What is the energy price cap?

Find out how you can undercut the latest energy price cap

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The reduction in the energy price cap means customers on standard variable or pre-payment tariffs will pay less. But they’ll still be paying substantially more than if they switched to one of the many cheaper fixed-rate deals

Woman relaxing by radiator

What’s happened to the energy price cap?

On 1 April 2020, Ofgem’s new price cap was introduced. This sets a limit on the rates you pay for each unit of gas and electricity you use, and is usually reviewed twice a year.

The new cap is set at £1,127 per year. The change will see annual bills fall for many – however as it is a cap on unit price, if you use more, you'll still be charged more for that.

The price cap level for prepayment tariffs is also falling by £19 per year, to £1,163 per year.

Falling oil prices have resulted in lower energy prices, so now would be a good time to check if you’re getting the best deal for you.

Are the capped deals good value?

No – over 100 cheaper deals are available.

The caps exist to prevent energy companies from imposing eye-popping price hikes on their customers. But they’re not meant to be the cheapest prices on the market.

If you’re on a standard or a safeguard tariff, the caps mean your price won’t go up in the next six months (they’re reviewed twice a year). But you could still be paying over £280 a year more than you would if you switched to a cheaper, fixed-rate deal*.

If you’re on a prepayment meter, you can still shop around for a cheaper tariff. And it may be worth exploring whether you can switch from a prepayment to a ‘credit’ tariff, where you pay in arrears for the energy you’ve used.

You’ll need to talk to your landlord if you’re renting to see if this is feasible, and you’ll need to see if you can find a new supplier who’s willing to change your meter. You can find out more about switching from a prepayment to a credit meter in this guide.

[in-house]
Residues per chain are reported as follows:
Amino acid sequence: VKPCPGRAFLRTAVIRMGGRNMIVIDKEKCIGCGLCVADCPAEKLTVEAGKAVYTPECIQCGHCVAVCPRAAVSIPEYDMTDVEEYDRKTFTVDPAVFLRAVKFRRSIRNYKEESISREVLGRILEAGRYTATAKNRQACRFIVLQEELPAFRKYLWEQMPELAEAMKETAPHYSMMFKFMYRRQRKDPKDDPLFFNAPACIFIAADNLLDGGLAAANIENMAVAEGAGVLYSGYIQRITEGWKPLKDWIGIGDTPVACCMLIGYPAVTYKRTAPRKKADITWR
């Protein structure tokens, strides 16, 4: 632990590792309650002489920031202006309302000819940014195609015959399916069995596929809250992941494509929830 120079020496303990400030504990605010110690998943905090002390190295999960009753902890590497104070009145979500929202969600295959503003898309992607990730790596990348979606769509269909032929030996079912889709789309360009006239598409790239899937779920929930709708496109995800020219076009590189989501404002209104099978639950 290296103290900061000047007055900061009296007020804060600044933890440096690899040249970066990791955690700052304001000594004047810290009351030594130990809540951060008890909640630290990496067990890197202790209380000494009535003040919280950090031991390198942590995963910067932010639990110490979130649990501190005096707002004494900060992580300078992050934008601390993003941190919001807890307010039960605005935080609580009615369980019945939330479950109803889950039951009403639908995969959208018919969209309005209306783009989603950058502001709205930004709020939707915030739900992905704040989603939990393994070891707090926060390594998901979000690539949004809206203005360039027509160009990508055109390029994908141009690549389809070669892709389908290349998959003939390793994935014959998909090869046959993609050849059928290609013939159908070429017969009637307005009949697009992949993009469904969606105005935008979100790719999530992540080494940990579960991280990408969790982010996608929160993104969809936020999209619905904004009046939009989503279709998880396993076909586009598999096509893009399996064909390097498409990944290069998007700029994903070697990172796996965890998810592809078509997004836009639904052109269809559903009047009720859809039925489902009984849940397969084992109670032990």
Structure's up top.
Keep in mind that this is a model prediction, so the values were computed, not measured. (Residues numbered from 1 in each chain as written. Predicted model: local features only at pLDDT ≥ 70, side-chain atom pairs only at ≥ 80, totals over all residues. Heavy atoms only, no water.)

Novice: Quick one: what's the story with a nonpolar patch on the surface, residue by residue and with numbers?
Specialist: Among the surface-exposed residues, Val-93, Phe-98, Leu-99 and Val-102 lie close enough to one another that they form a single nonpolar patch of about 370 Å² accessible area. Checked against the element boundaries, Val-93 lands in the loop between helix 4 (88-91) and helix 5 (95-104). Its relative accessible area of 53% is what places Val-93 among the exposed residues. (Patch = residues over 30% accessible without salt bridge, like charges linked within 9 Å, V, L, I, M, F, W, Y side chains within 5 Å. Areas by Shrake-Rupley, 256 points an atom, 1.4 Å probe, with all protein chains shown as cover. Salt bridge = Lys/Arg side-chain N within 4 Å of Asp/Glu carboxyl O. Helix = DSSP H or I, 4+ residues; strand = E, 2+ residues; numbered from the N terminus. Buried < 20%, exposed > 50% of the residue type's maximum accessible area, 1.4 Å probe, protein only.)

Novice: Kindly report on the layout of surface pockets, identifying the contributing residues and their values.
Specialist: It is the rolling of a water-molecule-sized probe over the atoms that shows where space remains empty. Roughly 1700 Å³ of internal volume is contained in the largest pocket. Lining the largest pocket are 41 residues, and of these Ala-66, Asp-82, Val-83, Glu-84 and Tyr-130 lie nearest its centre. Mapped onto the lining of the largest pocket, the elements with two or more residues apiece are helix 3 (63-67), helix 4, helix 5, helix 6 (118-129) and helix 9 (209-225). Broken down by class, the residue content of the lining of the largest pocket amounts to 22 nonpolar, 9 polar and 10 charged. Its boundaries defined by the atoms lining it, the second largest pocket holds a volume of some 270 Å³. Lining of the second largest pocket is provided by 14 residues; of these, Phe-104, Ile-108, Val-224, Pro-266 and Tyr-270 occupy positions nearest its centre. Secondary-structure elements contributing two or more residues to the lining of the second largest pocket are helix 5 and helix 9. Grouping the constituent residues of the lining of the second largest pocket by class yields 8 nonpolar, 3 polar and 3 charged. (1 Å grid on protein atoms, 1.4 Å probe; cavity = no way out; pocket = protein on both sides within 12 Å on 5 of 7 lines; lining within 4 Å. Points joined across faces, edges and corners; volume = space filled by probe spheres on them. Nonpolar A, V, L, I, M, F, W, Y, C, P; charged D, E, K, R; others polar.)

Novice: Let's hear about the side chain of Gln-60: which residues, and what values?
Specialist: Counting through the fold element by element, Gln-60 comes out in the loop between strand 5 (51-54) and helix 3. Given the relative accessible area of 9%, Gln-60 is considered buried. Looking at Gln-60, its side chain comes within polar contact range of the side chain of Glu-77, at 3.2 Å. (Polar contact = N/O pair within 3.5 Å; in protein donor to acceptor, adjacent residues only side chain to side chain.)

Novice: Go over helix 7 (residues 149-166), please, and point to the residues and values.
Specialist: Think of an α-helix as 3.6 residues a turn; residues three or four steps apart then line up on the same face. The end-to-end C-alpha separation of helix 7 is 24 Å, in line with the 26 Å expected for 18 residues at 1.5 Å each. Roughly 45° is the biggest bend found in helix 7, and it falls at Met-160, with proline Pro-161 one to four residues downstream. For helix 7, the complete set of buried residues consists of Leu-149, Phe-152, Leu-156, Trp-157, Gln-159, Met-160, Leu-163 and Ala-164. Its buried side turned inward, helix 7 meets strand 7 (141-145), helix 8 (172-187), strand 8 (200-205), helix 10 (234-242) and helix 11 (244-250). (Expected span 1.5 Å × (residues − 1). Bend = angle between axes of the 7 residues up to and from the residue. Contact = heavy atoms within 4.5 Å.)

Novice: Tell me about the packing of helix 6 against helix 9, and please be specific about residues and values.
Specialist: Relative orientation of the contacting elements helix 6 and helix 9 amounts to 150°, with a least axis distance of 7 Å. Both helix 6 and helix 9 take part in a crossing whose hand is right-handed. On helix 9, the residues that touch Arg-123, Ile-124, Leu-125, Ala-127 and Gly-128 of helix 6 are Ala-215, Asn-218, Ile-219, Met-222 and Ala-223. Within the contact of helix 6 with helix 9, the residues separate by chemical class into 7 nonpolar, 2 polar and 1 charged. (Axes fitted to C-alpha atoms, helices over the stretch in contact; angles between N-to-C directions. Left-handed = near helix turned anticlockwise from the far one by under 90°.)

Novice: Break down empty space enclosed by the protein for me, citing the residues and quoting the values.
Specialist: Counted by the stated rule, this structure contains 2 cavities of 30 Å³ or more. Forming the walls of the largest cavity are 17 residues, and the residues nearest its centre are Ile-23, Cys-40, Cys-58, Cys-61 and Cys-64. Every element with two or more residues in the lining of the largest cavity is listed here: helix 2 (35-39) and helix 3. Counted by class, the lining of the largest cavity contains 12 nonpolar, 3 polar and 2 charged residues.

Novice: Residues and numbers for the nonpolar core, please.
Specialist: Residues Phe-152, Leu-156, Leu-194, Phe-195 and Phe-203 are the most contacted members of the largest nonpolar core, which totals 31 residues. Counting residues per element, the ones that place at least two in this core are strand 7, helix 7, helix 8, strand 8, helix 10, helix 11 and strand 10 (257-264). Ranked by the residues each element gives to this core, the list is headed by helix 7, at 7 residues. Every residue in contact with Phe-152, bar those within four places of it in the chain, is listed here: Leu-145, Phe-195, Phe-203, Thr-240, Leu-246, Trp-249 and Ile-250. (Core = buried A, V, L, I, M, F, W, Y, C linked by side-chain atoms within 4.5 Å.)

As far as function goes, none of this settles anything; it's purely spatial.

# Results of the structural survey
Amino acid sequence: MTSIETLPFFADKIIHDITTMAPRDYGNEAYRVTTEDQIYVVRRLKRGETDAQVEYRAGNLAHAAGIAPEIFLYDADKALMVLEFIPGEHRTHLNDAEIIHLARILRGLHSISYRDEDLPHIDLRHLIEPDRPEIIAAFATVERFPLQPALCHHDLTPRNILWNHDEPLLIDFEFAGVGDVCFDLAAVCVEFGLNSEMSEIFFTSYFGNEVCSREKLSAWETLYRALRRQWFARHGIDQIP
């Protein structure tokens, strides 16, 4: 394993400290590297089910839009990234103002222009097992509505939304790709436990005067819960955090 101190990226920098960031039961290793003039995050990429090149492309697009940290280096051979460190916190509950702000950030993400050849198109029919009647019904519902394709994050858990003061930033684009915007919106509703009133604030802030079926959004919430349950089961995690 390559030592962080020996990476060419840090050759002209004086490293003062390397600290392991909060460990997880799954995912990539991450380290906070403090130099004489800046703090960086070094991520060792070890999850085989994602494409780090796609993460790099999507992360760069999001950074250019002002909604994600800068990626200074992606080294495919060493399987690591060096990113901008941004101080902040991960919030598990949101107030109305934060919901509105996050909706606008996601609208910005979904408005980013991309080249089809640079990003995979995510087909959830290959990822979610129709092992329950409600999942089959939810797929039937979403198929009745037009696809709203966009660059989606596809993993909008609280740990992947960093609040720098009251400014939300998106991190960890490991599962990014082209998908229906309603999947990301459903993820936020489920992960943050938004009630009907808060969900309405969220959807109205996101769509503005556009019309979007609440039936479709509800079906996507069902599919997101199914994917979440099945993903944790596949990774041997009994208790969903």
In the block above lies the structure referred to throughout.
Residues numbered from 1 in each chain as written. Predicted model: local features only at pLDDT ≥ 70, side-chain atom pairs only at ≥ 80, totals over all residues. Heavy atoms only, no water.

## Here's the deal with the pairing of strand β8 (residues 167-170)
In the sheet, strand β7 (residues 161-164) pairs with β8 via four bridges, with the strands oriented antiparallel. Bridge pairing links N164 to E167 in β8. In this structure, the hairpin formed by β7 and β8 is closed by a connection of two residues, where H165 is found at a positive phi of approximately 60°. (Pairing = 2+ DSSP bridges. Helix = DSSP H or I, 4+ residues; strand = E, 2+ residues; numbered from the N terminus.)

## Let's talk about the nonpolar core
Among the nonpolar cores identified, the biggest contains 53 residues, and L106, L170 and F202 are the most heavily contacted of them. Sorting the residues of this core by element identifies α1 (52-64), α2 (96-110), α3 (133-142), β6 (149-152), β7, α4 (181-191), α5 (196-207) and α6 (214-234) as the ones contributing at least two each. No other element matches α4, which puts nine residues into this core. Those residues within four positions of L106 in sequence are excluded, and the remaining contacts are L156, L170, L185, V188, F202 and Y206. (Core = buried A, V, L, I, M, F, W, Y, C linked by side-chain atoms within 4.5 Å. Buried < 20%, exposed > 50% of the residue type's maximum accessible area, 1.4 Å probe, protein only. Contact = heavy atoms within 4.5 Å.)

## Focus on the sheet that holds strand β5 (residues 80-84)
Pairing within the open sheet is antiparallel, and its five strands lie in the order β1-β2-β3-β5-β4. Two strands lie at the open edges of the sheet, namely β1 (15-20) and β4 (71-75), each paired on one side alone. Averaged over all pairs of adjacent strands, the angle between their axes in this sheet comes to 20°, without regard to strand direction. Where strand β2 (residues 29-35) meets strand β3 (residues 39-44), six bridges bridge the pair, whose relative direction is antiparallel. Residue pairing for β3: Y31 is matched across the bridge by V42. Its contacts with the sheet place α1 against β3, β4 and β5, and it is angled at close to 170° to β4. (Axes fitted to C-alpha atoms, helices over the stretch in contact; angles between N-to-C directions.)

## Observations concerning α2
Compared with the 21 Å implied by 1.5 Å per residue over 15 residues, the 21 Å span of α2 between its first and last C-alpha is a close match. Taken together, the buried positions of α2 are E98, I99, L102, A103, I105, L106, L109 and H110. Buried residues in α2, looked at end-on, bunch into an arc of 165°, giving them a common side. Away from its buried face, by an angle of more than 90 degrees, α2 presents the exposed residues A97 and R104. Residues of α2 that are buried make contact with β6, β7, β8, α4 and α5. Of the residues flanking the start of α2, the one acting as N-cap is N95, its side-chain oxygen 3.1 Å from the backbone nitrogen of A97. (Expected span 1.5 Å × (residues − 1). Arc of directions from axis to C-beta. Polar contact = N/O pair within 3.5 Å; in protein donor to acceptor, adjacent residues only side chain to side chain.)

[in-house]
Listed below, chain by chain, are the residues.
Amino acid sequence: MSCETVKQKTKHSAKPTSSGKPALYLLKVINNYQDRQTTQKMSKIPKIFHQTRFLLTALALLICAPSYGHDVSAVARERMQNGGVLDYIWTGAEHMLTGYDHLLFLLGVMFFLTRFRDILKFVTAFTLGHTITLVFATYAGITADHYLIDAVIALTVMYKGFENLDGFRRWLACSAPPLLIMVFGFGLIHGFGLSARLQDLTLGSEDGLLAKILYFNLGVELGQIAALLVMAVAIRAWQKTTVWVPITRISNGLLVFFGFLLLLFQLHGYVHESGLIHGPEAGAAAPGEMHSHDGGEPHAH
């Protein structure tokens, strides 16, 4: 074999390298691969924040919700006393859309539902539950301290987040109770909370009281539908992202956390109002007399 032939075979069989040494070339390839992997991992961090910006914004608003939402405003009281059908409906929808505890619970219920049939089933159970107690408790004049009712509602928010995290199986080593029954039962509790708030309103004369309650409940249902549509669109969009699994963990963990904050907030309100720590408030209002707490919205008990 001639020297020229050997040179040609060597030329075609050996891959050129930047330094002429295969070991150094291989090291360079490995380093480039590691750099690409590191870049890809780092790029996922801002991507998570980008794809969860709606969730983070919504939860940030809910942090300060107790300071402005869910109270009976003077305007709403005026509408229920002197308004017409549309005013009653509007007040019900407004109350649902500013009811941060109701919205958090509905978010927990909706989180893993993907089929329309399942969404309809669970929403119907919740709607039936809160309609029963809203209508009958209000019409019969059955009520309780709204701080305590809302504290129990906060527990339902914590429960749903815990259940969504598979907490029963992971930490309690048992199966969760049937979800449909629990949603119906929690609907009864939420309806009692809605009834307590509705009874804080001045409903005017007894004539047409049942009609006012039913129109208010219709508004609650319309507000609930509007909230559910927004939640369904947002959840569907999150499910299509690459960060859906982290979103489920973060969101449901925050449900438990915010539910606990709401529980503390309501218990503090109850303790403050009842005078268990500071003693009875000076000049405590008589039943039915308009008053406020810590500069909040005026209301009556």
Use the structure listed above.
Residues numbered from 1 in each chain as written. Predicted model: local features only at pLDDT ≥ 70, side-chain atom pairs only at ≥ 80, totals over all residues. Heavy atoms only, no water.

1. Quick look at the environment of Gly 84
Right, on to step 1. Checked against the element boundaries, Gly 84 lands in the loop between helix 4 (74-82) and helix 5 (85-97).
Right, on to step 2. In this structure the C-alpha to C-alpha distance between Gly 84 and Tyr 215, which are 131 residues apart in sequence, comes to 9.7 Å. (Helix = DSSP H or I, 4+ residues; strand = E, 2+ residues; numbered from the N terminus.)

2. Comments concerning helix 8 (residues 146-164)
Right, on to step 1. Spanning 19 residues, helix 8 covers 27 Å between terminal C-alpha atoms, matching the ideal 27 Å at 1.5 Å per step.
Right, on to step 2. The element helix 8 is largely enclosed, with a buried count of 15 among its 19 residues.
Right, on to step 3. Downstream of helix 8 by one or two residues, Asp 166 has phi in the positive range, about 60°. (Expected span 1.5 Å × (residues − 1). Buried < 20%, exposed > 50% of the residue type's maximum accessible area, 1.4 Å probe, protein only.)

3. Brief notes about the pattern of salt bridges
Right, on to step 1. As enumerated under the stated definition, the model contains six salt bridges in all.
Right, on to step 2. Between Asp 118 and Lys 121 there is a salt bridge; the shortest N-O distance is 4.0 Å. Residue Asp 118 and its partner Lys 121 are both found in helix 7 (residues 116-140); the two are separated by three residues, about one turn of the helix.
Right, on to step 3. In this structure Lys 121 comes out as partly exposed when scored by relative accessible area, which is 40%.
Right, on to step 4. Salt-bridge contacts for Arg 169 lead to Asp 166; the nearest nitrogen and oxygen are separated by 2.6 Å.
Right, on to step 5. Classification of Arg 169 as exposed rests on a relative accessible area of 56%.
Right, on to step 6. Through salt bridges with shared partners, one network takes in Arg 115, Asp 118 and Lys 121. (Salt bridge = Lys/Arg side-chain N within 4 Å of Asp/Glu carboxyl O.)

Why are the caps falling?

The main driver for energy prices is how much gas and electricity cost on the wholesale markets.

So far in 2019/20, the weather across most of Europe has been relatively mild, which means we’re using less energy to keep our homes warm. Reduced demand triggers a fall in the wholesale prices paid by our energy suppliers, and Ofgem cuts the price cap to ensure these savings are passed on to consumers.

But the price of fixed-rate tariffs also reflects what’s happening to wholesale prices, which is why such substantial savings remain available to those who switch.

It’s also worth remembering that, if you switch and fix this winter, you lock in today’s low price for 12 months. So if the weather turns cold and an increase in wholesale prices leads to the cap being increased in October, you’ll be insulated from the price rise.

Why should I switch energy suppliers?

The easiest way to bring your bills down is by switching supplier. In fact, you could save at least £289* on your bills.

The cheapest deals on the market are up to £371 less than the new price cap, despite the reduction announced this February.

All you need to do is tell us a little about yourself, your home and your current usage figures, which will help your new supplier calculate a more accurate bill than using estimates. Then you’ll be able to compare quotes from providers across the market, from the Big Six to smaller companies, as well as ‘green’ energy suppliers.

Once you’ve found the deal you want, click through to the provider’s website to finalise your purchase and start saving.

Thanks to the Energy Switch Guarantee, your new provider will take care of all the details, your service won’t be interrupted, and you should be on your new tariff within 21 days.

Never worry about switching again

If you sign up to our Energy Monitor service via our website or the MoneySuperMarket app, you’ll get alerts when a money-saving switch is available.

*51% of customers that applied to switch via MoneySuperMarket could save at least £289.40, March 2020.

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